School Buses are the safest way to get to school. Safety Tips from the Tennessee Department of Safety
The Danger Zone is the area on all sides of the bus where children are in the most danger of being hit. Children should stay ten feet away from the bus (or as far away as they can) and never go behind it. They should take five giant steps in front of the bus before crossing, so they can be seen by the driver.
School buses are nearly eight times safer than passenger vehicles. But children must take care when boarding or leaving the bus.
While an average of 7 school-age passengers are killed in school bus crashes each year, 19 are killed getting on and off the bus. Most of those killed are children from five to seven years old.
They are hit in the danger zone around the bus (A), either by a passing vehicle or by the school bus itself.
It is illegal for a vehicle to pass a bus with its red light flashing.
Young children are most likely to be hit because they:
- Hurry to get on or off the bus,
- Act before they think and have little experience with traffic,
- Assume motorists will see them and will wait for them to cross,
- Don’t always stay within the bus driver’s sight, or
- Drop something as they get off the bus and run into the path of the bus to pick it up.
Teach your child to get on and off the bus safely:
- When getting on the bus, stay away from the danger zone and wait for the driver’s signal. Board the bus one at a time.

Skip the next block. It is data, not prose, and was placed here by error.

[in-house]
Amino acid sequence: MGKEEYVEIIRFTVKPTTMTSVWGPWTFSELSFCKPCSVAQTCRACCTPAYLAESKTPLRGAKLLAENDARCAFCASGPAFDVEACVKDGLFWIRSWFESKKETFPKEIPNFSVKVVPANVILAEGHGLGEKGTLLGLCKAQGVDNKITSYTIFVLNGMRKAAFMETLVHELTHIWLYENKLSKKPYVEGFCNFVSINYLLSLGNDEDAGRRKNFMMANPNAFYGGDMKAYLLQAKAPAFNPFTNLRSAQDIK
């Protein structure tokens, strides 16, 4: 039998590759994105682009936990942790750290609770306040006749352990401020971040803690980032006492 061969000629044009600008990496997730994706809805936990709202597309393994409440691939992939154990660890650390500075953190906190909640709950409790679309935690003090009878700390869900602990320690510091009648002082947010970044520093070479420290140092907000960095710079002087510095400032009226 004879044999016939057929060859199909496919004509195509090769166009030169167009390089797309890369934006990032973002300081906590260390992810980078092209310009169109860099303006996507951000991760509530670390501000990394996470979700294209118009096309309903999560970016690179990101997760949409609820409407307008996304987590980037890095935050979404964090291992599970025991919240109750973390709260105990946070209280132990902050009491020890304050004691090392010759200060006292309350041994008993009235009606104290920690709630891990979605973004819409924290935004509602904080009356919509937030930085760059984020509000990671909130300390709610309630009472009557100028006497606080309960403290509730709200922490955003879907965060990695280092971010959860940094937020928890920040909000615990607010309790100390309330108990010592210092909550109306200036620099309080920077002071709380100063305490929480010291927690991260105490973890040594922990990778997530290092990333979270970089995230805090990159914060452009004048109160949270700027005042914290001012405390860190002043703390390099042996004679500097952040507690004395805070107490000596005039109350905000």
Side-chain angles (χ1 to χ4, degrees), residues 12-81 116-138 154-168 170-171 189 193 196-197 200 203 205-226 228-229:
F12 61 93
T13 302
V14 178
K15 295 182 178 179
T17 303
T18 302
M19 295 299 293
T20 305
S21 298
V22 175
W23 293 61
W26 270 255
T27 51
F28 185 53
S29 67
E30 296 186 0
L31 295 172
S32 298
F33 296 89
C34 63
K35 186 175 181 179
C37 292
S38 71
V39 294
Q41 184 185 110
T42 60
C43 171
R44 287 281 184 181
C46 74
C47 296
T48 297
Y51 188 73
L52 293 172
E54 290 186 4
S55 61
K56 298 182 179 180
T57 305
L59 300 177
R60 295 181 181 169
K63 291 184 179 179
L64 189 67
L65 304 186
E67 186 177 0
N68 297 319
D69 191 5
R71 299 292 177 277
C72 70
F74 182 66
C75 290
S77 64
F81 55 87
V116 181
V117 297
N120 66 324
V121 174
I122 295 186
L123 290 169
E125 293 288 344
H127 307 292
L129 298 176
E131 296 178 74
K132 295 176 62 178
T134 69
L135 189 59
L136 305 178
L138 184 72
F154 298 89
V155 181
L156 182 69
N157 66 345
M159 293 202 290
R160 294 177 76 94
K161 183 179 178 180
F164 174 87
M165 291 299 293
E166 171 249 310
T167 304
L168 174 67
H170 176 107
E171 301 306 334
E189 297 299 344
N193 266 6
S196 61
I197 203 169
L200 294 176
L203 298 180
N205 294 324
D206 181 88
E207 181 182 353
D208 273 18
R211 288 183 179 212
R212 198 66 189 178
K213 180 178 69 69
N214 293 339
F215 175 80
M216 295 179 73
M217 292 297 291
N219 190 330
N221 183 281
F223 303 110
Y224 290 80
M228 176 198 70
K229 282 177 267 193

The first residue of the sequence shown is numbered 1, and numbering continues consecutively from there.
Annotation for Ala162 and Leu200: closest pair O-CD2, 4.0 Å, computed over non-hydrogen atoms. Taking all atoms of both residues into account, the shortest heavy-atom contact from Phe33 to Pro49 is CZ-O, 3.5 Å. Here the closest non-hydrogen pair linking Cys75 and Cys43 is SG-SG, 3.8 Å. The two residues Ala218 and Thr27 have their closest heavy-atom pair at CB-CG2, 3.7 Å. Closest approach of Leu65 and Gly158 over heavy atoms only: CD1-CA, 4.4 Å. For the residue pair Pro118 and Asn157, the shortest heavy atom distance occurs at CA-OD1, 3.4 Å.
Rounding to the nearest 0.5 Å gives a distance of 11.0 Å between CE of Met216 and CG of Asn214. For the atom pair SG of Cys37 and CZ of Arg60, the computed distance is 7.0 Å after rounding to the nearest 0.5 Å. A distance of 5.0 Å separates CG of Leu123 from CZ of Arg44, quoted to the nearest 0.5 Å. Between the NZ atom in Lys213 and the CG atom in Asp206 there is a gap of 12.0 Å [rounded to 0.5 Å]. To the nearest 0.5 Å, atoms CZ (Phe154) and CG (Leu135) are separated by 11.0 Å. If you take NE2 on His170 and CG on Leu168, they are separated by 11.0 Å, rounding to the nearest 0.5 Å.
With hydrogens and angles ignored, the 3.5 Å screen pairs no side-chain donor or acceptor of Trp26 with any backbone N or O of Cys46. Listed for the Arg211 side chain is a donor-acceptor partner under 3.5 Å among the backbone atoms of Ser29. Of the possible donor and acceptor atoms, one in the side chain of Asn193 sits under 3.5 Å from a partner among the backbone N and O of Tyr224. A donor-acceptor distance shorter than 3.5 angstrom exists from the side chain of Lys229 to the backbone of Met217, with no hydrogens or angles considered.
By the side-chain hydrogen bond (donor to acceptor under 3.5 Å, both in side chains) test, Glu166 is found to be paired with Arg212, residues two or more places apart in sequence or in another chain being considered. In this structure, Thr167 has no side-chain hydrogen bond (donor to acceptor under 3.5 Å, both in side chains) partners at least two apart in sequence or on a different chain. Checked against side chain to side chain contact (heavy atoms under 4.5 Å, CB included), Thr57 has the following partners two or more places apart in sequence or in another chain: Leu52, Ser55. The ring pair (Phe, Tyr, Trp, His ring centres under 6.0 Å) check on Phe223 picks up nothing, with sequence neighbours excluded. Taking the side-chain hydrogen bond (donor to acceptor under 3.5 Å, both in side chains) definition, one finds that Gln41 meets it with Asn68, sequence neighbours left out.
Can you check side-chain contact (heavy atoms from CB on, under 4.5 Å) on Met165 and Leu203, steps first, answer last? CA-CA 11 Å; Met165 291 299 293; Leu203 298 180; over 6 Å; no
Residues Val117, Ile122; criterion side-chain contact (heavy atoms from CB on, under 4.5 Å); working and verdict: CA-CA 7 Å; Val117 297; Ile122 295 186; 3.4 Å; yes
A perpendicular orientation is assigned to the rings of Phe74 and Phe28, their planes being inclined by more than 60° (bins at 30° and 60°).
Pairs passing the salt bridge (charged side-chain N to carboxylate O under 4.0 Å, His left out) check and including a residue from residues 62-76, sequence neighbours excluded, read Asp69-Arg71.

- When getting off the bus, look before stepping off the bus to be sure no cars are passing on the shoulder (side of the road). Move away from the bus.
- Before crossing the street, take five “giant steps” out from the front of the bus, or until the driver’s face can be seen (A). Wait for the driver to signal that it’s safe to cross.
- Look left-right-left when coming to the edge of the bus to make sure traffic is stopped. Keep watching traffic when crossing.
Safety safety steps you can take:
- Supervise children to make sure they get to the stop on time, wait far away from the road, and avoid rough play.
- Teach your child to ask the driver for help if he/she drops something near the bus. If a child bends down to pick up something, the driver cannot see him/her and the child may be hit by the bus. Have your child use a backpack or book bag to keep loose items together.
- Make sure clothing and backpacks have no loose drawstrings or long straps, to get caught in the handrail or bus door.
- Encourage safe school bus loading and unloading.
- If you think a bus stop is in a dangerous place, talk with your school office or transportation director about changing the location.
Learn and follow school bus stop laws:
Laws exist to protect children getting on and off the bus and protect you from a tragedy. Tennessee law requires that:
- Vehicles must stop before reaching a bus that has its flashing red warning lights and/or stop signal arm extended (B). Vehicles may not pass until the flashing red lights and signals are turned off.
- Vehicles traveling in the same and opposite direction as the bus on an undivided road are always required to stop.
- Vehicles traveling on a divided, or separated, highway do not have to stop when meeting or passing a bus on the other side of the road.
- Drivers never pass on the right side of the bus, where children enter or exit. This is illegal and can have tragic results.
Violation of these laws can result in a citation and fine. In many places, school bus drivers can report passing vehicles.
For more information, contact TDOS Pupil Transportation at 615.687.2301 or www.tn.gov/safety. Help is also available from by contacting the DOT Auto Safety Hotline at 1-888-327-4236 or www.nhtsa.dot.gov
Illustrations from Indiana University School of Medicine
TopicsChildren, Safety Tips, School Buses, TDOS, Tennessee Department of Safety